The staff at a downtown Edmonton restaurant has found itself grappling with not one, but two, natural disasters.
Daniel Braun, co-owner of Rostizado, is half Mexican and lived in Mexico for approximately 25 years.
When a magnitude-7.1 earthquake struck near Mexico City on Tuesday, Braun’s thoughts immediately turned to family members who live there.
“It hits close to home, definitely. It’s very scary,” he said.
Fortunately, his family is safe, albeit shaken from the ordeal.
“Being so far away, it’s definitely surreal to a certain point. I think one sees so many stories about disasters that it almost seems like it’s not happening, but it’s real,” he said.
The death toll is nearing 300 in Mexico City and several nearby states. Rescuers are still searching for survivors.
“It’s great to see how a country that’s normally, usually can be divided by cultural or economical differences, is coming together for a common good,” Braun said.
Also working in the restaurant is Mayelin Henry, who is originally from the Dominican Republic. That country was battered with Hurricane Maria on Thursday, suffering through strong winds and heavy rains.
Henry has lived in Edmonton for the last 20 years and has worked with Braun’s company for six years. She said watching the hurricane rip through her home has been emotional.
It was a Category 3 storm with maximum sustained winds of 185 km/h about 110 kilometres north of Punta Cana, on the east coast of the Dominican Republic at 5 a.m. EDT, the NHC said on Thursday.
Punta Cana, a popular tourist area, was hit with wind gusts of 93 km/h and Maria was forecast to bring storm surges — when hurricanes push ocean water dangerously over normal levels — of up to 1.83 metres in the Dominican Republic, it said.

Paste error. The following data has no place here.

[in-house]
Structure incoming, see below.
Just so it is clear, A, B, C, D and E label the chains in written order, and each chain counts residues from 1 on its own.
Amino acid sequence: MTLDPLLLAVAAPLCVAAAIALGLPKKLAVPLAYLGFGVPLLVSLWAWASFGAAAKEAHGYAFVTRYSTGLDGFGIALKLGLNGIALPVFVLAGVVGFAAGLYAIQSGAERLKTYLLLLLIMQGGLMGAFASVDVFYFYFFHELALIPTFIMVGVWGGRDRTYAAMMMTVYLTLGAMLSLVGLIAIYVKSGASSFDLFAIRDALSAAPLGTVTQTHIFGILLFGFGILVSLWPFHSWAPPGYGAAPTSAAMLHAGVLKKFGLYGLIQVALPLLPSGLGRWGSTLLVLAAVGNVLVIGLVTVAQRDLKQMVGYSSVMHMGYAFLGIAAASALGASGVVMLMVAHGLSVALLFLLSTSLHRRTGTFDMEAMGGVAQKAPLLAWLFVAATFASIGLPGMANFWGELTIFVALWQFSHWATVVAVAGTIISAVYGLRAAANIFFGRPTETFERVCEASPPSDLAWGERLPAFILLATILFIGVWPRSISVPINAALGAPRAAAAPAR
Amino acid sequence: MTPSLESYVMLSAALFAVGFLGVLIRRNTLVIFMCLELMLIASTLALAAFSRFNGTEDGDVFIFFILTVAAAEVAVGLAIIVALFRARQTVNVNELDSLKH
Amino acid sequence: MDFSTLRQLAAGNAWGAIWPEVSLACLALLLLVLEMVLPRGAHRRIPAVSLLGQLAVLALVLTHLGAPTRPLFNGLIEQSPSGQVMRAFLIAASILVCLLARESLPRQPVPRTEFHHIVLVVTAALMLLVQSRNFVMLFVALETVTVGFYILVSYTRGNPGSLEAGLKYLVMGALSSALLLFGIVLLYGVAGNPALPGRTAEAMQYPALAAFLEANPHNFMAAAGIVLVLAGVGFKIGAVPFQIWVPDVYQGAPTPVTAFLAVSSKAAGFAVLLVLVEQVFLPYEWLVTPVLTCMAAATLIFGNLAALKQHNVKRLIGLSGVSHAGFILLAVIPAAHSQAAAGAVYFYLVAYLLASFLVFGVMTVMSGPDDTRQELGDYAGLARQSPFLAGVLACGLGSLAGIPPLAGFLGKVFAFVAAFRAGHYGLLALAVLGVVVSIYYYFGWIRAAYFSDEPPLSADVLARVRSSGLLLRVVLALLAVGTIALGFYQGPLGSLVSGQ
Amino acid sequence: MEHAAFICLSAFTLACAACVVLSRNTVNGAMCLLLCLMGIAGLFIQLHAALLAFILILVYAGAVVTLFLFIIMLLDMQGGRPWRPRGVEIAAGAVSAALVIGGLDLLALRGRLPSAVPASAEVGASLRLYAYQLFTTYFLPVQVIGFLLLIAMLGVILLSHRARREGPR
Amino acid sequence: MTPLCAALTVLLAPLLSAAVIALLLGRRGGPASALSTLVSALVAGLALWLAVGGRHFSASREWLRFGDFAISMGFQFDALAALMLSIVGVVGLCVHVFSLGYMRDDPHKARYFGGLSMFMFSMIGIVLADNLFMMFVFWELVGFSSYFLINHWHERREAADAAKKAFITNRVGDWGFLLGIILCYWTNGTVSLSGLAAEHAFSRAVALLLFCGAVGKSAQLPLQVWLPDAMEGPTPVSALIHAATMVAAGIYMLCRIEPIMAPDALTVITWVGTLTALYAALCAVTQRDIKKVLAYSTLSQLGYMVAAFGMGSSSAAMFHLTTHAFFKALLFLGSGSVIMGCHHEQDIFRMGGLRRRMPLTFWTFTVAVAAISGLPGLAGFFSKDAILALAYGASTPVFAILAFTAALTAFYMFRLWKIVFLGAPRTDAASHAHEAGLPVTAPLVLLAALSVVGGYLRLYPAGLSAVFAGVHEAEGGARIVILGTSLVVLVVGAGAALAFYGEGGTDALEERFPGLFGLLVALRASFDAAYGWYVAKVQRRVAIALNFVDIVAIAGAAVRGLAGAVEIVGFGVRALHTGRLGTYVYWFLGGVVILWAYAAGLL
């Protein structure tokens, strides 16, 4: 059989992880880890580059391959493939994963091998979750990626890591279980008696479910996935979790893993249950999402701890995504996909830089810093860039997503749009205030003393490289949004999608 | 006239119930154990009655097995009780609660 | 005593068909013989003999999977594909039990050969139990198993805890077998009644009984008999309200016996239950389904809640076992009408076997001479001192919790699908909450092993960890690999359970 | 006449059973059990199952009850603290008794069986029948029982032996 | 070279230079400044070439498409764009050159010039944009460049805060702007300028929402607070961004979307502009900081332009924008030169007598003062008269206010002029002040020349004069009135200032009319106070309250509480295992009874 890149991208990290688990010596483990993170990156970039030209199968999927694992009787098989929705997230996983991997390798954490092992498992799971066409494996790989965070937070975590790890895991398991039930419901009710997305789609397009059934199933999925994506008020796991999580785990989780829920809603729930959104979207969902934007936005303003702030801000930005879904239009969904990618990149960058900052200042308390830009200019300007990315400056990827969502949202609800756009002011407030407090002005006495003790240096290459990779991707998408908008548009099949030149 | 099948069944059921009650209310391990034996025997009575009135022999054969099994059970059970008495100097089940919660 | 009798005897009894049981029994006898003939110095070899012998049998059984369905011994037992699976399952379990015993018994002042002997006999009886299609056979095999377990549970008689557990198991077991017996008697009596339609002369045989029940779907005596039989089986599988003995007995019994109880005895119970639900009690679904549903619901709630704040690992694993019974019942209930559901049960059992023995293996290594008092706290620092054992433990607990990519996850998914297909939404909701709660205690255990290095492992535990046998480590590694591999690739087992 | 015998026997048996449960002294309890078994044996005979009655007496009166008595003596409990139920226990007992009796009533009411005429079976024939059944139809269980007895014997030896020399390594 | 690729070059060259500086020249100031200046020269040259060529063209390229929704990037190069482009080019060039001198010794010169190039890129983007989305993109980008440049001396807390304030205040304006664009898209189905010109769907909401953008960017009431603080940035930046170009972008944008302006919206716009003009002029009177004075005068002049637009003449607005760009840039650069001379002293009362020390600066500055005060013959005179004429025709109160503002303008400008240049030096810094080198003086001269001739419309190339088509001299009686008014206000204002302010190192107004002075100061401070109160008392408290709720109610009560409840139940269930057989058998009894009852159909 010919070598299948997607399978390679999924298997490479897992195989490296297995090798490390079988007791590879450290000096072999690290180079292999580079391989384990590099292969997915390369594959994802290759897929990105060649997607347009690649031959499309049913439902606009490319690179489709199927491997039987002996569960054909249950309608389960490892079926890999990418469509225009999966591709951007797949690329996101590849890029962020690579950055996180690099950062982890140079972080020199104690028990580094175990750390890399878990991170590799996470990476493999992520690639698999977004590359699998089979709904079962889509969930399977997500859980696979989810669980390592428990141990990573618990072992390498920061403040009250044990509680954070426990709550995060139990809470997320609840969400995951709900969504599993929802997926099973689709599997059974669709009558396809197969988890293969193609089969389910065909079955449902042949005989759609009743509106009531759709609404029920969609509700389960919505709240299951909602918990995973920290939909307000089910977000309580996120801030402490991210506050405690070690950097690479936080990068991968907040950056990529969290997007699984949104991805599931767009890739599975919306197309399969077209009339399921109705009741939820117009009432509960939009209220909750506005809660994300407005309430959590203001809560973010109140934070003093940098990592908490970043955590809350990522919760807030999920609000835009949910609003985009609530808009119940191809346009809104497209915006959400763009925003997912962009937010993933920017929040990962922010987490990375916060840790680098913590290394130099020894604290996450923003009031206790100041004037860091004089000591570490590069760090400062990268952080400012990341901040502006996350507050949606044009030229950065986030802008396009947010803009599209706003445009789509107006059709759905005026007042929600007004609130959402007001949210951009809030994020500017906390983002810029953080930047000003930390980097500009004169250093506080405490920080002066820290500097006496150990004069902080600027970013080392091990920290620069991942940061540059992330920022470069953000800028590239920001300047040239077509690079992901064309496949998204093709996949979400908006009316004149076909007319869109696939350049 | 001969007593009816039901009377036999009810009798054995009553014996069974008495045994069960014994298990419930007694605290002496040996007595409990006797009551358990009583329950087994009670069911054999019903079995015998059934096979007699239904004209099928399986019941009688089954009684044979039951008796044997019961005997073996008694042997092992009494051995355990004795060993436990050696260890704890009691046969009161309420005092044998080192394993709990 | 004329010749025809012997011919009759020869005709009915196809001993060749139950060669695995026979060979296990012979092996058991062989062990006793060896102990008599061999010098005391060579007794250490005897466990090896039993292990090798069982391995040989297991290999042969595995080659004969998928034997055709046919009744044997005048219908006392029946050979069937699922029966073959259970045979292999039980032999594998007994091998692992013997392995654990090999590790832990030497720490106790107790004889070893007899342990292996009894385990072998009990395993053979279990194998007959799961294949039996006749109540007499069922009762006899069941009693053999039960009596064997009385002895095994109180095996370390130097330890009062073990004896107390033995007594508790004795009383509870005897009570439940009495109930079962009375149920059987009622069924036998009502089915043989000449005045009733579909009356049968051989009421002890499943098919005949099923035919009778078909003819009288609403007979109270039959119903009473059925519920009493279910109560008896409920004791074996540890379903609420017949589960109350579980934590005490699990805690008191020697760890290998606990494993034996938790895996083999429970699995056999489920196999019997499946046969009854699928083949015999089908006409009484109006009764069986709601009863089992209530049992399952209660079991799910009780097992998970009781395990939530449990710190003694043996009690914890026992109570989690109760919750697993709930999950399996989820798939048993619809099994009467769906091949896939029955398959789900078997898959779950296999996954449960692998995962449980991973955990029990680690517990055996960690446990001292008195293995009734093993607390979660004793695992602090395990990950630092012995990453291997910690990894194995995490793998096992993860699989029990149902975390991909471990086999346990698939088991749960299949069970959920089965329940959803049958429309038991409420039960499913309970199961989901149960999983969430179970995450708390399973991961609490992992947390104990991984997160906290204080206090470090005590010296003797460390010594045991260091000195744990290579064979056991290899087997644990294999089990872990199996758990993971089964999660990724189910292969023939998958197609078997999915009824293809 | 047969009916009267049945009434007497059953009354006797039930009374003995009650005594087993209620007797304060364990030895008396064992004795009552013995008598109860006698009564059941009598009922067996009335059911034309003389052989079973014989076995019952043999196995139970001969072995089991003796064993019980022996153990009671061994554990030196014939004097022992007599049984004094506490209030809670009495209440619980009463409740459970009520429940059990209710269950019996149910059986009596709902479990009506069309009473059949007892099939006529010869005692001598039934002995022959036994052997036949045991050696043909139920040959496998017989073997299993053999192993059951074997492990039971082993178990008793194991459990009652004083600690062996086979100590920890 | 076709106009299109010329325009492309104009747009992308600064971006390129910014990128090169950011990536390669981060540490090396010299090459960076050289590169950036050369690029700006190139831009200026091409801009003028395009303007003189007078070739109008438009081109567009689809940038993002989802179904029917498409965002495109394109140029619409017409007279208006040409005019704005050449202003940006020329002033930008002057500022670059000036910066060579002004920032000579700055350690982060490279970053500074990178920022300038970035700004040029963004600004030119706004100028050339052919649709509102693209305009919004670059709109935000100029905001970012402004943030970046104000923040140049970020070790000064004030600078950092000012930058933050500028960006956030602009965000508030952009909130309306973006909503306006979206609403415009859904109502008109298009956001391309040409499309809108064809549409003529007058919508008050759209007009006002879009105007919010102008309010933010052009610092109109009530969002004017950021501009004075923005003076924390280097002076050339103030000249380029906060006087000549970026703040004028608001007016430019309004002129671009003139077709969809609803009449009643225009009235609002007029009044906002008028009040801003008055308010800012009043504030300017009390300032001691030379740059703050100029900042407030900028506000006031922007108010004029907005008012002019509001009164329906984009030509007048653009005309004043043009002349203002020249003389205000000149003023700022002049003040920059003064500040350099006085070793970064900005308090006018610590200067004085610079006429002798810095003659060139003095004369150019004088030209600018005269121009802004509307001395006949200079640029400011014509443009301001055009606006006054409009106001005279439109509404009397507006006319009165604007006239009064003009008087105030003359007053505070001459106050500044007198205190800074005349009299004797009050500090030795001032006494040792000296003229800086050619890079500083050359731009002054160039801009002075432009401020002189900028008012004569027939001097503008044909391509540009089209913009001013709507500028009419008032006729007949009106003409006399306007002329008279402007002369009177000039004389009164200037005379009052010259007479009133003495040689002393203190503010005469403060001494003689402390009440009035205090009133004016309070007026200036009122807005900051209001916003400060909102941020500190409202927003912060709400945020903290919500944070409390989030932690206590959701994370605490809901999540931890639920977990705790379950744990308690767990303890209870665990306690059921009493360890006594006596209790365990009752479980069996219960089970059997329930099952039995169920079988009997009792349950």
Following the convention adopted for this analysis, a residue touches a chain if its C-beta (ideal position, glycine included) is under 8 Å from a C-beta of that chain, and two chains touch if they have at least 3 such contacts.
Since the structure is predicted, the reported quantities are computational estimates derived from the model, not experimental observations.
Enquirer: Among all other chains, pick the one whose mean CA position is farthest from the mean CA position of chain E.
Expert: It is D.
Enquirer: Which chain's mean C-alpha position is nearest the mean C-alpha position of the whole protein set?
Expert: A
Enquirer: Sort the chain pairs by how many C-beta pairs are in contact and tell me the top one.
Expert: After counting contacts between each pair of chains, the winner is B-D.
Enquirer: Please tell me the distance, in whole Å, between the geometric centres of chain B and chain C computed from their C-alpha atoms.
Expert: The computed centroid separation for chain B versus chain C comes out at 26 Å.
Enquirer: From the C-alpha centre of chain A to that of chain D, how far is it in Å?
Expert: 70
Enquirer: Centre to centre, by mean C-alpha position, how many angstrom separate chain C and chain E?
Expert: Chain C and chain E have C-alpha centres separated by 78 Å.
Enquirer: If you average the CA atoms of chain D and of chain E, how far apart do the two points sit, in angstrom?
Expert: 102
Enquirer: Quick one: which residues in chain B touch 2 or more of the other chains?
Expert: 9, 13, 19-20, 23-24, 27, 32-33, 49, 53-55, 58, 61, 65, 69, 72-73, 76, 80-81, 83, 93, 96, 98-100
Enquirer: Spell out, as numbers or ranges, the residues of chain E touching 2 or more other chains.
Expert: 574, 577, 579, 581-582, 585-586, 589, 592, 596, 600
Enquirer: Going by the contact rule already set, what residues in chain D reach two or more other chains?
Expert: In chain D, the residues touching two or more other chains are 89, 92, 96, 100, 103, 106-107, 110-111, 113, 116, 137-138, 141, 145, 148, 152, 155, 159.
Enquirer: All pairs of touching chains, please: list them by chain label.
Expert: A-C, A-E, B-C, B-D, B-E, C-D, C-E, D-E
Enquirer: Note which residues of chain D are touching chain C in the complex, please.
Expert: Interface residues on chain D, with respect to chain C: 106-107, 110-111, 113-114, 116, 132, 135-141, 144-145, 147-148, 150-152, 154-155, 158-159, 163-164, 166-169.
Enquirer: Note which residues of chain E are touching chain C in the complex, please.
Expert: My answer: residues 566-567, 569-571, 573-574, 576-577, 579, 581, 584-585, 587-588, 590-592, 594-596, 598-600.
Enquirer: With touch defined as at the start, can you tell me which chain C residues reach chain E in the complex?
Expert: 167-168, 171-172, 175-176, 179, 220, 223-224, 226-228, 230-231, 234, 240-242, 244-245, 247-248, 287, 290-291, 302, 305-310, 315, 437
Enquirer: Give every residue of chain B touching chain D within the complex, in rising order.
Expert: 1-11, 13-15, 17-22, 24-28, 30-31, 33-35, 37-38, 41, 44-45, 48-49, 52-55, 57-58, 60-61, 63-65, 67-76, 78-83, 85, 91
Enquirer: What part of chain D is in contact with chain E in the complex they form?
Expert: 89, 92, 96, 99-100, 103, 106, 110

Henry has been in touch with family back home.
“They are OK, thank God,” she said.
“They are fine. The water – there is a lot. But they are alive. That’s the most important thing, right?”
Henry said it has been difficult to watch the hurricane from afar.
“You worry because you know what they are going through. You’re here. You really can’t do anything for them,” she said.
Henry plans to visit the Dominican Republic later this year. She said the past few weeks have been difficult for her family.
“They had first Hurricane Irma. We were so worried about that one first. It didn’t go that bad, like they expected. The new one was so far – this was a surprise because nobody talked about it as much as Irma,” she said.
Braun said Rostizado will be doing its part and giving back to those in Mexico who have been impacted by the earthquake.
The restaurant will be donating 10 per cent of its lunch sales for the rest of September, and potentially part of October, to organizations and people in need.
The Three Amigos will also be collecting donations for earthquake survivors at its two restaurants in Edmonton. The donations will be driven down to Calgary and flown to Mexico next week.
Isabel Mezo, who works at the Three Amigos, moved to Edmonton from Mexico one year ago. She has relatives in Mexico City, who are luckily unharmed.
“I was really concerned, mostly for my relatives, and also because I have friends that have family, direct family living there,” she said.
“It makes me feel a little bit anxious actually because I feel a little bit guilty that I’m here and not there helping them.”
Poppy Barley manufactures its products, including handbags and boots, in the city of Leon, which is 385 kilometres northwest of Mexico City.
Co-owner Kendall Barber said when she heard about the earthquake, her thoughts immediately went to the workers the company employs.
“I sent them messages. I said, ‘Are you all OK?’” she said.
Their manufacturing has not been impacted but there is a strong connection between Poppy Barley and Mexico, with Barber saying Mexico was the first place to believe in their company.
Poppy Barley has donated $2,500 to the Red Cross in Mexico.
-with files from Associated Press